NSF funds math encouragement program for women
The National Science Foundation has provided a $250,000 grant to Sacramento State to create a pilot math teacher train-the-trainer program designed to encourage women to pursue careers in Science, Technology, Engineering and Mathematics (STEM). Statistics show that men far outnumber women in these fields.
Principle investigators for the grant are sociology Professor Mridula Udayagiri and Madeleine Fish, director of the University’s MESA Engineering and Computer Science Program. It is funded through NSF’s Research on Gender in Science and Engineering program.
The teach-the-trainer project, which begins in summer 2010, will give math teachers new techniques to create a classroom environment that is friendlier to women and encourages them to stay with math and succeed academically.
“Research shows that women respond to a different classroom than men,” says Udayagiri. “Women prefer a dynamic, cooperative environment that includes group collaboration and teamwork instead of one-on-one competiveness. They also like to see how math concepts apply to the real world.”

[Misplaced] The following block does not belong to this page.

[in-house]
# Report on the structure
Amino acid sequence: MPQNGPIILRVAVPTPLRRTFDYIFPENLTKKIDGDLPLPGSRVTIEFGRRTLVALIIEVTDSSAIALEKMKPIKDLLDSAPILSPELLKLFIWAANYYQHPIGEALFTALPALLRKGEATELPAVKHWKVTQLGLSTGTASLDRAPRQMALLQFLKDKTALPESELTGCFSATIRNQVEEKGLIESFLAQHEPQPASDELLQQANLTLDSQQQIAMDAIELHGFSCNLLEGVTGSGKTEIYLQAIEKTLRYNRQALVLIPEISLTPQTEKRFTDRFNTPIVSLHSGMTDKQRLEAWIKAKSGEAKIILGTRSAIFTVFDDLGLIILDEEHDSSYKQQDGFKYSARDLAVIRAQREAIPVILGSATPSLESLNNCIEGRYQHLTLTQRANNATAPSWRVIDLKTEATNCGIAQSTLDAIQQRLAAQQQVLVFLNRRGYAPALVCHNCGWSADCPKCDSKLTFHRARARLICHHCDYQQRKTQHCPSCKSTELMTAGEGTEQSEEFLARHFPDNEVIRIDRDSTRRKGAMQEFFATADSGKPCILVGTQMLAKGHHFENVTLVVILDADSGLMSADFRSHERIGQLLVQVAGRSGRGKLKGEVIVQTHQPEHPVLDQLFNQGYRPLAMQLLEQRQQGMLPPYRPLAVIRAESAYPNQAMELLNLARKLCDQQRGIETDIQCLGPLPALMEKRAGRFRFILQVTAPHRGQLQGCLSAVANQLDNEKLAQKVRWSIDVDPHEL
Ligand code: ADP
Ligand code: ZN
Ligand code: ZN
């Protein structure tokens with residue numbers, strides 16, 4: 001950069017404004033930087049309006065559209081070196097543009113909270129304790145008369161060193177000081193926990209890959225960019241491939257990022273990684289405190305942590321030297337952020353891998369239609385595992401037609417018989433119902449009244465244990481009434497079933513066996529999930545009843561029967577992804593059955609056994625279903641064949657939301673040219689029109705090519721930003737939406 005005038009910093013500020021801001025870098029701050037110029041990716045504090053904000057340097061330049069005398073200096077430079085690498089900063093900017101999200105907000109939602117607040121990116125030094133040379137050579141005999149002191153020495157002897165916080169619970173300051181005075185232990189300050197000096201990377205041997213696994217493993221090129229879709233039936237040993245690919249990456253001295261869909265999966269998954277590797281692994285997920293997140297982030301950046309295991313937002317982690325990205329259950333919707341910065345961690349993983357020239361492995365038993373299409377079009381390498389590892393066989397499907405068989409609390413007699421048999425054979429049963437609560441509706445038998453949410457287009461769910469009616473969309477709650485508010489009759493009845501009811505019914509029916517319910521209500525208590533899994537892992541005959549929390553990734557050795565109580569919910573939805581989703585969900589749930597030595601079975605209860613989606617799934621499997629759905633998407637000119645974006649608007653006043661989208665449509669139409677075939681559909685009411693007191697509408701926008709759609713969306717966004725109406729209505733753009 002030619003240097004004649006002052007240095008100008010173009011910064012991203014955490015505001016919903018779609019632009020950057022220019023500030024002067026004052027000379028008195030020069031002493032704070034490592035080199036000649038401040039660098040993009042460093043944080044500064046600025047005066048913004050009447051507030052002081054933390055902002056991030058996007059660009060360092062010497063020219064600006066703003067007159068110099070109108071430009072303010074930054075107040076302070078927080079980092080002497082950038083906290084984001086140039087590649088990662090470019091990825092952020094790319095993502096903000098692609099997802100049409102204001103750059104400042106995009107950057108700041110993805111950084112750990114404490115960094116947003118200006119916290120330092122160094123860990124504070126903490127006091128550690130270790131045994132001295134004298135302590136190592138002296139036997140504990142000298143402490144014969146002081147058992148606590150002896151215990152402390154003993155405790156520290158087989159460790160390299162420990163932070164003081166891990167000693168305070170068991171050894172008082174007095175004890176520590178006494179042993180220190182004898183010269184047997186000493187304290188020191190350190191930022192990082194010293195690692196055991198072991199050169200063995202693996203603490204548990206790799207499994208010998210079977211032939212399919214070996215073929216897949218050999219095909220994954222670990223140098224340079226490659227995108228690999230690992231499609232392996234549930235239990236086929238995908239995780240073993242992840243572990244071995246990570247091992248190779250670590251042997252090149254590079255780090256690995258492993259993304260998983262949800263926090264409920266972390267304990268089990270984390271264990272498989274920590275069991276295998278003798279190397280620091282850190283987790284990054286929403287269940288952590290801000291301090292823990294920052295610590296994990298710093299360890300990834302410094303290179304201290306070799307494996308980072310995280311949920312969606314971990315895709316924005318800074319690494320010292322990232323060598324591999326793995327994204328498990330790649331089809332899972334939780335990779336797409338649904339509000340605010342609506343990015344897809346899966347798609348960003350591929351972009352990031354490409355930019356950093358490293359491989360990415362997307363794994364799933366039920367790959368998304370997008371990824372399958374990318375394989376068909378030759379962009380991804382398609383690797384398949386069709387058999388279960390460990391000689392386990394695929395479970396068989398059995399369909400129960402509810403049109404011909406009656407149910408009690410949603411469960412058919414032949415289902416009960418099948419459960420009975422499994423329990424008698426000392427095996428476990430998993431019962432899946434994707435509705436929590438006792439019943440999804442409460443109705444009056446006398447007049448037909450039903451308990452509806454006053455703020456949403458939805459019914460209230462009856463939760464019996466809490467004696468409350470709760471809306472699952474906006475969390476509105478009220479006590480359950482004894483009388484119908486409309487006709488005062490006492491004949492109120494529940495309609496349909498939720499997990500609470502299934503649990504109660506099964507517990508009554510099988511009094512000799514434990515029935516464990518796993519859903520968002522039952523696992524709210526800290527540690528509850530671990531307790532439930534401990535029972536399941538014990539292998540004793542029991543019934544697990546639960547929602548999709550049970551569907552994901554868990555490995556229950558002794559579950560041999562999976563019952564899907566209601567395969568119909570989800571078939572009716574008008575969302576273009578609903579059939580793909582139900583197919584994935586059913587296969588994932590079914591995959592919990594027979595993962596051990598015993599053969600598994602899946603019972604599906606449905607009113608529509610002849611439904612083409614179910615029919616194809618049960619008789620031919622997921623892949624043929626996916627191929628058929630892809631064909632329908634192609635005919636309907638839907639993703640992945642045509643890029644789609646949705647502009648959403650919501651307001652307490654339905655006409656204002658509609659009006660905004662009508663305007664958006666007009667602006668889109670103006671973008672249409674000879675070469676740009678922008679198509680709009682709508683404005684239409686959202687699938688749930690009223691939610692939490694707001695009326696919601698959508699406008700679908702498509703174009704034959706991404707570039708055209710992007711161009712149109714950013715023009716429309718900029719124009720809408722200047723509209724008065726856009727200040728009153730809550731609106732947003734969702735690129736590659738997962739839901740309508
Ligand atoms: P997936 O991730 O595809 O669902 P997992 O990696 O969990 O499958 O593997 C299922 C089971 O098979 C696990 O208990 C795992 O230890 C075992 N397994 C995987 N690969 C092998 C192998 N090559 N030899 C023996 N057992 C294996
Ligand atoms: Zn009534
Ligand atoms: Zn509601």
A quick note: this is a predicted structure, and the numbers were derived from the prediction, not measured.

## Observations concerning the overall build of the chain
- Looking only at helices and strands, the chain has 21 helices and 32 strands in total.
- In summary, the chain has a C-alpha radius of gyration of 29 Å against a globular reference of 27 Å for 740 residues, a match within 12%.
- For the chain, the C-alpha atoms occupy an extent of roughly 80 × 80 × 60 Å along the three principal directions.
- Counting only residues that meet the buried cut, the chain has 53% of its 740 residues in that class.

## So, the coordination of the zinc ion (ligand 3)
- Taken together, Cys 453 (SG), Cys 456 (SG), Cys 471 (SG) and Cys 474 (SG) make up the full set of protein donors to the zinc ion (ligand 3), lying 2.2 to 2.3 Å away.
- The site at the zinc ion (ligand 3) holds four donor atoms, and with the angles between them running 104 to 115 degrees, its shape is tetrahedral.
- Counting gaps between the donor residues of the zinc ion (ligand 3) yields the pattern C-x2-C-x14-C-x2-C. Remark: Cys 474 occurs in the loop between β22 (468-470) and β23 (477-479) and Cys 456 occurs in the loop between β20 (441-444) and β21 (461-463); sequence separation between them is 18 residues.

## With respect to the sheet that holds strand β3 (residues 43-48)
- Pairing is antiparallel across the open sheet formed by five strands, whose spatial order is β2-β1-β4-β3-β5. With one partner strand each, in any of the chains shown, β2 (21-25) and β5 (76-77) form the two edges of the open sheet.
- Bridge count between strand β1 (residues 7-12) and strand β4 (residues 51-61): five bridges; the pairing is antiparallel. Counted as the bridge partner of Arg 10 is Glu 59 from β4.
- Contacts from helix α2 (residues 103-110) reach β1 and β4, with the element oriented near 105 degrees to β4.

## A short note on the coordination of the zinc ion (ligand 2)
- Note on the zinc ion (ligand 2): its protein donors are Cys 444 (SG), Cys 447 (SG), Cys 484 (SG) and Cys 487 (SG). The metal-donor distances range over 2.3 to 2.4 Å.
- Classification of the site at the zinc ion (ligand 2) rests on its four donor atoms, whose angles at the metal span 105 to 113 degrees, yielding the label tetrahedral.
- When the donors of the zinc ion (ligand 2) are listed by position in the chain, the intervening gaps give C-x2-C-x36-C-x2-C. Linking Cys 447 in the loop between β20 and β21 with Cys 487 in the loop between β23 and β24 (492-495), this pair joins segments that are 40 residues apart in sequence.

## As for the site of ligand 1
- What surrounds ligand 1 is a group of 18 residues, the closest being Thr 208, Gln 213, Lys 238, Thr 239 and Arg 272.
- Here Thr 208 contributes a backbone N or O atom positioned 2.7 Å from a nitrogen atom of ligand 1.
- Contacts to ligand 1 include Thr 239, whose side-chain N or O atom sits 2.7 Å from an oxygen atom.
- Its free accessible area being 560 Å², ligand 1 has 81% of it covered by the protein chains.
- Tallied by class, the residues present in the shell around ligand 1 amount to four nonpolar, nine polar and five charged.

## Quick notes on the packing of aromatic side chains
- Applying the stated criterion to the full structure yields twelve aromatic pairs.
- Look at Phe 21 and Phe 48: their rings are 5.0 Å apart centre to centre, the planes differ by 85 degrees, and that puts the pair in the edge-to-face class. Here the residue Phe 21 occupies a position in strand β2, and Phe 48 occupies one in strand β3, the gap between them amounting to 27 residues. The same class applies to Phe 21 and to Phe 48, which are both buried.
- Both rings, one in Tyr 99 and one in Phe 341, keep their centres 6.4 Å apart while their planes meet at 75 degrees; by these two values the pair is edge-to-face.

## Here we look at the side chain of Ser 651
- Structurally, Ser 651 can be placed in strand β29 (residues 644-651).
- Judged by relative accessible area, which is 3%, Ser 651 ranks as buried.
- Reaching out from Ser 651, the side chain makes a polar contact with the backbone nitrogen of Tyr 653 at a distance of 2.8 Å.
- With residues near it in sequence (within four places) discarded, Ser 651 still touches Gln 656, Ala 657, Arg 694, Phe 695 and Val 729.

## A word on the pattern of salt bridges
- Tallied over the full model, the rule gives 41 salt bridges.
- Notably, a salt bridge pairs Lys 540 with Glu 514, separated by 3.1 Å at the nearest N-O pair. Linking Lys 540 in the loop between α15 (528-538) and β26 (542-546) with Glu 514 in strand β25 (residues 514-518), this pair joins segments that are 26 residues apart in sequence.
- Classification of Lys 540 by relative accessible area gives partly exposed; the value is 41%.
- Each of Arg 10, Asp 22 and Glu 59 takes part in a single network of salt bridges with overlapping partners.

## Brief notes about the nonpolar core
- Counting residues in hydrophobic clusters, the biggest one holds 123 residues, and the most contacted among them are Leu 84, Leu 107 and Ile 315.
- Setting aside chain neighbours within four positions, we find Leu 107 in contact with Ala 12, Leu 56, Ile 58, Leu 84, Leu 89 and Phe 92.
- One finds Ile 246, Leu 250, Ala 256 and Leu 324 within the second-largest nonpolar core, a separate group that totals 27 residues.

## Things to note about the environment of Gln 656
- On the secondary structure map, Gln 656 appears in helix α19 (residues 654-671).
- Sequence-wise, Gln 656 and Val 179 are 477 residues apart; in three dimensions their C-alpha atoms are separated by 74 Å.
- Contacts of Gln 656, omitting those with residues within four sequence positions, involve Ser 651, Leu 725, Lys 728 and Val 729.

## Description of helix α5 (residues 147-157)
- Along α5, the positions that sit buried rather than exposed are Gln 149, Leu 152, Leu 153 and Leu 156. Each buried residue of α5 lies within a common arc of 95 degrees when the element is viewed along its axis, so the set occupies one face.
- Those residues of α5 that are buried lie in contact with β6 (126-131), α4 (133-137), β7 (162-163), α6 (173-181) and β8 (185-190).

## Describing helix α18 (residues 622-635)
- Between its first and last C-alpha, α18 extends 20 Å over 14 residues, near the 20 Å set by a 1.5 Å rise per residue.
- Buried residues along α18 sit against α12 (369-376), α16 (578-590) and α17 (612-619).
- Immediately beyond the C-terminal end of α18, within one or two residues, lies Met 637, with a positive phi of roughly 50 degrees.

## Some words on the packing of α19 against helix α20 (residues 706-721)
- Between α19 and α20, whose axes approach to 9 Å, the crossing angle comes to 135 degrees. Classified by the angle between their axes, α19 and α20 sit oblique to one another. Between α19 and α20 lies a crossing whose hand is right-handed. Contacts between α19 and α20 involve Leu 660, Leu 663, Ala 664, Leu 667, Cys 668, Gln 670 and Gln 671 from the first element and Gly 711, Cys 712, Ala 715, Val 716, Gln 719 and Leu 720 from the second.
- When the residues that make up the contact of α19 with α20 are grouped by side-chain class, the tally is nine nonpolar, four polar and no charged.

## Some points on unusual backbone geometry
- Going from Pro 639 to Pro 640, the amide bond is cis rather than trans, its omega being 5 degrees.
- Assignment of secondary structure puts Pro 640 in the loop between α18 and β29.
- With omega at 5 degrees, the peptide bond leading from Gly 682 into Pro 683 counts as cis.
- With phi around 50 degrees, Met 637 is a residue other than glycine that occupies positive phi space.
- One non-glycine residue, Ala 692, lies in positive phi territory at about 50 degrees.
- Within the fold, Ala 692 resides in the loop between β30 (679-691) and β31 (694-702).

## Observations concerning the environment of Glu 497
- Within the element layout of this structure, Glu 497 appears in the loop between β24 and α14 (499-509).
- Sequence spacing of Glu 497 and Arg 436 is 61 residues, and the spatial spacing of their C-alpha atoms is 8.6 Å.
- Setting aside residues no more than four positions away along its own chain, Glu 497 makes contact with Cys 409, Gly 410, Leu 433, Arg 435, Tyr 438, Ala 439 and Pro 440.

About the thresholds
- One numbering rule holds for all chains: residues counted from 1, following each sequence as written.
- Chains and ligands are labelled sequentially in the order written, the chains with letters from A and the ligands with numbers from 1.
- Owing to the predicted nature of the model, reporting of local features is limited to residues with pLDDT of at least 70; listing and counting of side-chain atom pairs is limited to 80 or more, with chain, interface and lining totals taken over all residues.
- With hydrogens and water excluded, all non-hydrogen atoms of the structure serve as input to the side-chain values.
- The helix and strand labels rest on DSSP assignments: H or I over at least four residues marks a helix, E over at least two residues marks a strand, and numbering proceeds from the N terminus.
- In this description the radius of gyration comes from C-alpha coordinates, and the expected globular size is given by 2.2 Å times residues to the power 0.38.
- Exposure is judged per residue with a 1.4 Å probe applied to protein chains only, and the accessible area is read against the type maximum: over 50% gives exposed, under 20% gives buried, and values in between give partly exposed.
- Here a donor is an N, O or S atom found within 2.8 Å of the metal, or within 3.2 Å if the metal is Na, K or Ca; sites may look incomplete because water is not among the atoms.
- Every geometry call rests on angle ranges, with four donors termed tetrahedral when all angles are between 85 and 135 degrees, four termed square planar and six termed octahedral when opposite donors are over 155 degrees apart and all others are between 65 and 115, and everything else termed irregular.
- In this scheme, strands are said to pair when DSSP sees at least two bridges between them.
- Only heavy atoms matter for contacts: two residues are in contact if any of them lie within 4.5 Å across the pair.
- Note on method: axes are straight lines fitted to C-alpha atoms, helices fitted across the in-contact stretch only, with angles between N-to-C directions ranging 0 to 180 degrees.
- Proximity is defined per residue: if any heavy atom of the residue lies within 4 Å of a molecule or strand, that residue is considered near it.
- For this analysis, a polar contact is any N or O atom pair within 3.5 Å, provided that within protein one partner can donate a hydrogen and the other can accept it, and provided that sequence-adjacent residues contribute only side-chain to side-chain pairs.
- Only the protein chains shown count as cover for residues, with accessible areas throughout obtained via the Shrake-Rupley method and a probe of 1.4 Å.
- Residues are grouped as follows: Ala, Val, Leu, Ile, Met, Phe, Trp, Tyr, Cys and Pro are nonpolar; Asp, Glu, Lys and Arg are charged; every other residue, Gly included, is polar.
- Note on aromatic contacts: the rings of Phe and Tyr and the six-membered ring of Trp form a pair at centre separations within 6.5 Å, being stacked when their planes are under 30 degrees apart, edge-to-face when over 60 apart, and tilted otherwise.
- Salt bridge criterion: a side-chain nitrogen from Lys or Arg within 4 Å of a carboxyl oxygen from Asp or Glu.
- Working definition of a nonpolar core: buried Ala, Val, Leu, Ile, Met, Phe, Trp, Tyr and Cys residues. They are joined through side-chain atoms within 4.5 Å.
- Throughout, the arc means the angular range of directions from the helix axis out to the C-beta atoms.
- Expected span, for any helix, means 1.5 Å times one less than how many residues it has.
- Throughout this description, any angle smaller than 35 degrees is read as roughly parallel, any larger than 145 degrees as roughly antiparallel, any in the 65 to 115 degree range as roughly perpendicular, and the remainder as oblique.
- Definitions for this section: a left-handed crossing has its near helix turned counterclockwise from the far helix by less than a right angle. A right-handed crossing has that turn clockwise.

The program also teaches what Fish calls “math intervention,” a process that helps teachers quickly and effectively bring students’ math skills up to par.
“Many students have significant gaps in their math backgrounds,” says Fish. “It’s not that they don’t have math skills, but they may have missed out on certain areas, and until those gaps are filled, they can’t use critical thinking to solve problems. This will be almost like a math boot camp.”
Fish said teachers will leave training with the skills to transmit what they have learned to their fellow teachers.
The training program includes independent studies prior to a two-week practicum on campus during summer 2010 and webinars afterwards.
For more information, contact Udayagiri at email@example.com or Fish at 278-6699 or e-mail firstname.lastname@example.org.